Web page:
OK even with the best hard drives, you will get failures, right now we are running our main disk array with btrfs against shr2. Last night one of the 4TB disks failed and it immediately sent an email which is pretty cool.
Here is how you remove the old drive and fix it. It’s a little complicated because the Synology NAS has gotten pretty complicated, but basically, the layers of abstractions are: a) disks, b) storage pool, c) volumes. The storage pool allows you to add and subtract disks and change things while the actual operating system volumes live above it
In this world, the process is to login the synology user interface on port 5001. Then you can look at the Storage Manager and see which disk has failed in the Storage Pool. These are hot swap systems, so you can then, flip the switch and remove the failing drive. Flip it and then let it spin down just in case you can recover data.
Now unscrew the four bottom Philips screws and put in a new drive. You can use the Synology site to figure out how big a hard drive you can support. Right now the 2413+ is newish and works with 12TB drives. But with the high bit error rates of these large drives, you really want to stay as small as you can. With SHR2, you need to have a drive at least as big as the one you are replacing.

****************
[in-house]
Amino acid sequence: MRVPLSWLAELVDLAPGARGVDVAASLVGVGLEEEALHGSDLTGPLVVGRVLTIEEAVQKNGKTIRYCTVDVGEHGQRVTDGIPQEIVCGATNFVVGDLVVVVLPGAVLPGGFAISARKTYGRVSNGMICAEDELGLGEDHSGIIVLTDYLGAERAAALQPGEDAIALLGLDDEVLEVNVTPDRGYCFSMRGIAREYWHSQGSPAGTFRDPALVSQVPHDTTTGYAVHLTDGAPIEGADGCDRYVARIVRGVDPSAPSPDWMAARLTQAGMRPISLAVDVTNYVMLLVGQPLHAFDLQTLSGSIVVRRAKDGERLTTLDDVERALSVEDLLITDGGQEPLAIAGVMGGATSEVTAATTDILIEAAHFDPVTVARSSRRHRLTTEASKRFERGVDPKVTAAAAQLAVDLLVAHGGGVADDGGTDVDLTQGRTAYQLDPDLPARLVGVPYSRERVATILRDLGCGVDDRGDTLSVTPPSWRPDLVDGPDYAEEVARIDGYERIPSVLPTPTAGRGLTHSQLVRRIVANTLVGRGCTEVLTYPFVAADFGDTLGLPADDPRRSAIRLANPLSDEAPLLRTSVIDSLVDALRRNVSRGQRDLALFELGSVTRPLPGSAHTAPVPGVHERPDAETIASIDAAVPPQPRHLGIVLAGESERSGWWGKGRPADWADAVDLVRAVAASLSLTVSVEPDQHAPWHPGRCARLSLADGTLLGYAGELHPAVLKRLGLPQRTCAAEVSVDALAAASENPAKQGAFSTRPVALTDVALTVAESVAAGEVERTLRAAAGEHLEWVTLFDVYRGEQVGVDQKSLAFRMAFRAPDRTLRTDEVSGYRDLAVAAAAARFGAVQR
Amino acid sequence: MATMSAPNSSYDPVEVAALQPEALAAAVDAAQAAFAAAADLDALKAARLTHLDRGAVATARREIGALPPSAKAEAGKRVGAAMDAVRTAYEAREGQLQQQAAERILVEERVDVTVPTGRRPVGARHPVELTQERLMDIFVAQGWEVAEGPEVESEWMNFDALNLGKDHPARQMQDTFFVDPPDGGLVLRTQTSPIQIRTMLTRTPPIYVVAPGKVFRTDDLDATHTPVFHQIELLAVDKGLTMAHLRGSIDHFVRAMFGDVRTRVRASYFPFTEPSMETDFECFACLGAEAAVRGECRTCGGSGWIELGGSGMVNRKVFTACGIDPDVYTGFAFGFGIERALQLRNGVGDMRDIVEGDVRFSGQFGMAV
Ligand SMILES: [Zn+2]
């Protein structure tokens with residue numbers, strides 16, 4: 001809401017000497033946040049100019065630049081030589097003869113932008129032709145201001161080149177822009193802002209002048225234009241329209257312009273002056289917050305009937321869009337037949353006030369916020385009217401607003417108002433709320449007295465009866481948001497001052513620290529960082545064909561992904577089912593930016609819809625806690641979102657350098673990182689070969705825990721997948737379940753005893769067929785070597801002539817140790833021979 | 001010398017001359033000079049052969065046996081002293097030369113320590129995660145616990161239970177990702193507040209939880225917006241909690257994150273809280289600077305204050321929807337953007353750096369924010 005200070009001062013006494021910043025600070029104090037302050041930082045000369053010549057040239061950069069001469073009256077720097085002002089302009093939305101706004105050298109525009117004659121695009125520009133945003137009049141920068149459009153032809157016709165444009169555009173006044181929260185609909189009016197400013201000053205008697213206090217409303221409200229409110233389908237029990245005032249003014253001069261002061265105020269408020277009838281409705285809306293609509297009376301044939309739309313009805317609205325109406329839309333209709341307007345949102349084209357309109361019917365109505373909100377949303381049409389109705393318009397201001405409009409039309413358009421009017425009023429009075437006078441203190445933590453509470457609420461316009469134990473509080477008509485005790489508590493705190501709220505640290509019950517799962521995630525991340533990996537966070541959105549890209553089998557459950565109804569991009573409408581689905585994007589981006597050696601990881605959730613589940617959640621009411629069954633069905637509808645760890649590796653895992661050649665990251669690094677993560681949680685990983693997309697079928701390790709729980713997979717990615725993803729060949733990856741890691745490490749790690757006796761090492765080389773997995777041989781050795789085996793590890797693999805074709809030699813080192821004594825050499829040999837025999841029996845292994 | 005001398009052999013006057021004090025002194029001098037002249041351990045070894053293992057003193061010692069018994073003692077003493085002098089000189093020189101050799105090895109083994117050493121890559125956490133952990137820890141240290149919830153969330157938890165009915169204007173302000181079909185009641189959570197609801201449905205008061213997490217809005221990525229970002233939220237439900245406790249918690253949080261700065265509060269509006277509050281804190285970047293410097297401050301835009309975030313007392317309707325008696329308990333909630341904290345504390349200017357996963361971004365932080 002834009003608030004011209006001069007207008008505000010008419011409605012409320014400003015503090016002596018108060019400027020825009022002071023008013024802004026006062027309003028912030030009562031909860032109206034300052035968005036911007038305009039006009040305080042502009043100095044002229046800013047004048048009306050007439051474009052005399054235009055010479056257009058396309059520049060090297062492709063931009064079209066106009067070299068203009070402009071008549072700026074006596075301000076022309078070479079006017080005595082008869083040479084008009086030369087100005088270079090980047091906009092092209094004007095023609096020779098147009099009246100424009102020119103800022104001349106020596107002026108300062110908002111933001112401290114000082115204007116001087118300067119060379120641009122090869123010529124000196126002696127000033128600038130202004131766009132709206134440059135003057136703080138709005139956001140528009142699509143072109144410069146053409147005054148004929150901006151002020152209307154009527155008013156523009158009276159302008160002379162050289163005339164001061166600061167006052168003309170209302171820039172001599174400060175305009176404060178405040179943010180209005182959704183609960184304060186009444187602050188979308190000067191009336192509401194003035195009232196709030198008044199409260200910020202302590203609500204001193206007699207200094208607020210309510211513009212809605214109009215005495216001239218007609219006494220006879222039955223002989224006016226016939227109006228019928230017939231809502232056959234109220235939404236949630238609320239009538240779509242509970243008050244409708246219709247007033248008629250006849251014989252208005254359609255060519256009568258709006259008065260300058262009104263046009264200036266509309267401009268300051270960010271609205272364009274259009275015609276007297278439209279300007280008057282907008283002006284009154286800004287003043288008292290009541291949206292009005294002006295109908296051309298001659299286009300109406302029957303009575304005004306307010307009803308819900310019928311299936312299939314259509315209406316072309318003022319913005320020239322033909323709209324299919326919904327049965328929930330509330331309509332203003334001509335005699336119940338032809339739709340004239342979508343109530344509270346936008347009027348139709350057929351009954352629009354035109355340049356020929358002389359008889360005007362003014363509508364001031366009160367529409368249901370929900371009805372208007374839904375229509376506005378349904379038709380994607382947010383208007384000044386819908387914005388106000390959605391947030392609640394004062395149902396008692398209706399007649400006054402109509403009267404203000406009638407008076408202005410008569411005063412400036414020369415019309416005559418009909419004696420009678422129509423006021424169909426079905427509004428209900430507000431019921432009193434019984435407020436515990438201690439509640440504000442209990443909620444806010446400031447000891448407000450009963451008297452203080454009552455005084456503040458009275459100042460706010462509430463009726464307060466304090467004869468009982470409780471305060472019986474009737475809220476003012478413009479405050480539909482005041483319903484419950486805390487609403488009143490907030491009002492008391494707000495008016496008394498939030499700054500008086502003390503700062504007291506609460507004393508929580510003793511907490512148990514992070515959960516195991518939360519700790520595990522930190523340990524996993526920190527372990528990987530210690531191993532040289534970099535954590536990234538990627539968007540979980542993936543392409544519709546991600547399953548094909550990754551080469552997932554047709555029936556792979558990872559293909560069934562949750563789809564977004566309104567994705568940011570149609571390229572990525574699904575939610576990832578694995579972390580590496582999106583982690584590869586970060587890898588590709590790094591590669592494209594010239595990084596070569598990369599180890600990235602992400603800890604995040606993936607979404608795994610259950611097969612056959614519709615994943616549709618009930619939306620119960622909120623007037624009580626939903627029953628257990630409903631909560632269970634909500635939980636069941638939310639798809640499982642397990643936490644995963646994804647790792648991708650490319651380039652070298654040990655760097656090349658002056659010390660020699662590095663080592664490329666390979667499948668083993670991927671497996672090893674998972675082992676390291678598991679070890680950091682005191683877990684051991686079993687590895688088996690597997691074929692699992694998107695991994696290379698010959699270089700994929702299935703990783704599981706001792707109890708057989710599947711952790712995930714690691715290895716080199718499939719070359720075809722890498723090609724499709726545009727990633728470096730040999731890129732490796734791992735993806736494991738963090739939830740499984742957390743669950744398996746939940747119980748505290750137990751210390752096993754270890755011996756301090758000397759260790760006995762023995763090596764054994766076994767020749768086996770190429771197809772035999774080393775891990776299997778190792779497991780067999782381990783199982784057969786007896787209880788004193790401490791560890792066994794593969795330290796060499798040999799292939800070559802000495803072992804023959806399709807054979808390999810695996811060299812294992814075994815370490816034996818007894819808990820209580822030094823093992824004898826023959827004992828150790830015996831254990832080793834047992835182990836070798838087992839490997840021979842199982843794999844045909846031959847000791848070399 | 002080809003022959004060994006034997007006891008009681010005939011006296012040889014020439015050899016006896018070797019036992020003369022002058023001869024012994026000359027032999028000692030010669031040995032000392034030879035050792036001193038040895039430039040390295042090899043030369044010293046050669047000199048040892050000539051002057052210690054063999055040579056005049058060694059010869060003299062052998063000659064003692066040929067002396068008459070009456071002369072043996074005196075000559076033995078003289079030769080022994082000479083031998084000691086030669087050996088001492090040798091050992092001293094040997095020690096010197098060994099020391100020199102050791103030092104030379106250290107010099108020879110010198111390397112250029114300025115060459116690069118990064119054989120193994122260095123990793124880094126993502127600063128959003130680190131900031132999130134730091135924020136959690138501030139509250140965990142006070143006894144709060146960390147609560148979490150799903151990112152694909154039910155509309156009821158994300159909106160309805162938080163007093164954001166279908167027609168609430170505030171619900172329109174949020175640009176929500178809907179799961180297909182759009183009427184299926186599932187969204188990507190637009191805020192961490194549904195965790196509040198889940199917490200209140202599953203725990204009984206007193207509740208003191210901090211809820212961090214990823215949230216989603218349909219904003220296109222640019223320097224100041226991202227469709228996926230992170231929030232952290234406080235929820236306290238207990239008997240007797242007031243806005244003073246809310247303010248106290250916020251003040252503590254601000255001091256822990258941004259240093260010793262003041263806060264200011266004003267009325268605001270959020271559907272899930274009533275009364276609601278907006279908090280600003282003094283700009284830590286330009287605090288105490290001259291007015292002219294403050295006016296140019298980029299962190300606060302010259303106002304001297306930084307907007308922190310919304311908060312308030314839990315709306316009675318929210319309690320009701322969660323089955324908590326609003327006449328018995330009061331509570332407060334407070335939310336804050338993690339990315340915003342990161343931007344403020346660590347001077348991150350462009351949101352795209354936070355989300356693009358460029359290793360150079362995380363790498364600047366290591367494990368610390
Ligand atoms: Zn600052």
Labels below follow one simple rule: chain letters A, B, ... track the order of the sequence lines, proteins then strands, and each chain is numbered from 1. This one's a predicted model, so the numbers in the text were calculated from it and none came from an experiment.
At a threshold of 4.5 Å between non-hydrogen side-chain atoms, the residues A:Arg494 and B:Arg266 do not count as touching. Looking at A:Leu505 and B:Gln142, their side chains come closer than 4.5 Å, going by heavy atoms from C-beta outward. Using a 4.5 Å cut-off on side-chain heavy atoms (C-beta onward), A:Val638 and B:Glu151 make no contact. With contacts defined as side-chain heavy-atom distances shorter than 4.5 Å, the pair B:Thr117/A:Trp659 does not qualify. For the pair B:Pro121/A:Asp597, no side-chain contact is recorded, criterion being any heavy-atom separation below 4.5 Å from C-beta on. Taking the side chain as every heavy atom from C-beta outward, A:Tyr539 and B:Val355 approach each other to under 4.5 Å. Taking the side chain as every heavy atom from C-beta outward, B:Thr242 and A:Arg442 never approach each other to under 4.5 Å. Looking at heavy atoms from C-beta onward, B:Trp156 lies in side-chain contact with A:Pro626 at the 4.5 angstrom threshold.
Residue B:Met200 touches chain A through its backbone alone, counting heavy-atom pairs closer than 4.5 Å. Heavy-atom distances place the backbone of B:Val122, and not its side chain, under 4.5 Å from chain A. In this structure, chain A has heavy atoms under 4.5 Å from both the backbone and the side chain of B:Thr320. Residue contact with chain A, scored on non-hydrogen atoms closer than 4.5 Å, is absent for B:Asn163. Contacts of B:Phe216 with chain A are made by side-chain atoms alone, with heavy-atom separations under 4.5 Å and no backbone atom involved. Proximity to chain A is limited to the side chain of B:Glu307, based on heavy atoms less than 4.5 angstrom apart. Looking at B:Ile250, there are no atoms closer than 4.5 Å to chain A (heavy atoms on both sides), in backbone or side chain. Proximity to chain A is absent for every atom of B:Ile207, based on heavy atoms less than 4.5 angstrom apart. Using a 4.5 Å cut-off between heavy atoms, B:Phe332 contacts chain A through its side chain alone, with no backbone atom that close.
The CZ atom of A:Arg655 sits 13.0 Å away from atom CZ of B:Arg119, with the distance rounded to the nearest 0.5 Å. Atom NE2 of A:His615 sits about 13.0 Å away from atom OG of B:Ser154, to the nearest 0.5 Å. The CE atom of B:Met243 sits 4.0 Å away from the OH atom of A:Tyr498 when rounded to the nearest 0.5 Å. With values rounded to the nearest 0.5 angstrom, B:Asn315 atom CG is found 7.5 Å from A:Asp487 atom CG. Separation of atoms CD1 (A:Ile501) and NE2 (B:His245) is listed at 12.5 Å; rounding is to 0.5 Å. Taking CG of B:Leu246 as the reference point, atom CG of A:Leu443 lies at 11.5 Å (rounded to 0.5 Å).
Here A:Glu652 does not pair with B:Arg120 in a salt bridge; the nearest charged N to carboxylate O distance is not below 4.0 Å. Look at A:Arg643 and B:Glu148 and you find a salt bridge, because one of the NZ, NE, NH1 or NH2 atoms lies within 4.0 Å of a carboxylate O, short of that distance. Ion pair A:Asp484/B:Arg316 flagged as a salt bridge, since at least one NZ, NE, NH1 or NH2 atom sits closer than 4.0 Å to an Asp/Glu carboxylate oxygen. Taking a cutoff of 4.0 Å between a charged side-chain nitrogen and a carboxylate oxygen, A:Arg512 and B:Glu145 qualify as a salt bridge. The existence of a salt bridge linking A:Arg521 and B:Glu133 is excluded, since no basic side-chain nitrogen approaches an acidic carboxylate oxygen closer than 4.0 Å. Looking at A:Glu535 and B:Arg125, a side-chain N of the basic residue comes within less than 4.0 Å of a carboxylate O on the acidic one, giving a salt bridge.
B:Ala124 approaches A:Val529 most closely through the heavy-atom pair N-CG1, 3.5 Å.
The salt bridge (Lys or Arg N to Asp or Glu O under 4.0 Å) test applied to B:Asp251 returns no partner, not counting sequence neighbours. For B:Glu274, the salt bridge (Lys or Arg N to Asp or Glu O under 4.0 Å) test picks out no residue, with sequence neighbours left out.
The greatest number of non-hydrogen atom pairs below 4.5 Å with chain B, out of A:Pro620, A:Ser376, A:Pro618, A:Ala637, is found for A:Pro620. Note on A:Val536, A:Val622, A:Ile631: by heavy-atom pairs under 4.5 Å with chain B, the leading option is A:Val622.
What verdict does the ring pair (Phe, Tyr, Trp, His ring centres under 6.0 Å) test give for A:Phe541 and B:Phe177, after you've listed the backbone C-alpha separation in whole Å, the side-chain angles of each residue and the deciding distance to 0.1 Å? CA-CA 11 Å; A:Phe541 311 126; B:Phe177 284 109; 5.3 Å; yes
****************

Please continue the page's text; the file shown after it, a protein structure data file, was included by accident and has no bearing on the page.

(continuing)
You can now look at the disk list and see that there is a new disk that is not initialized. It is a little confusing, but you don’t actually initialize it. What you do is to go to the Storage Pool list and click on the broken pool and click on Repair
This will show you the new drive and you can add it. With SHR2, you then have to wait quite a long time for the parity to be recalculated. Right now after 2 hours, the drive array is at 11%.
As an aside, with these very large disks, SHR2 is really not a great format, instead, you probably really want these drives in RAID10. This means that you mirror every pair of disks and then stripe the data across them. Theoretically this is less reliable than SHR2 because if you lose both members of a mirror set, you are toast. But, in practice, it is much faster to recover and you are not rereading the entire array when you rebuild, so you won’t get the dreaded, one drive fails and then on rebuild, another one has an error and you lose the entire array.

I’m Rich & Co.

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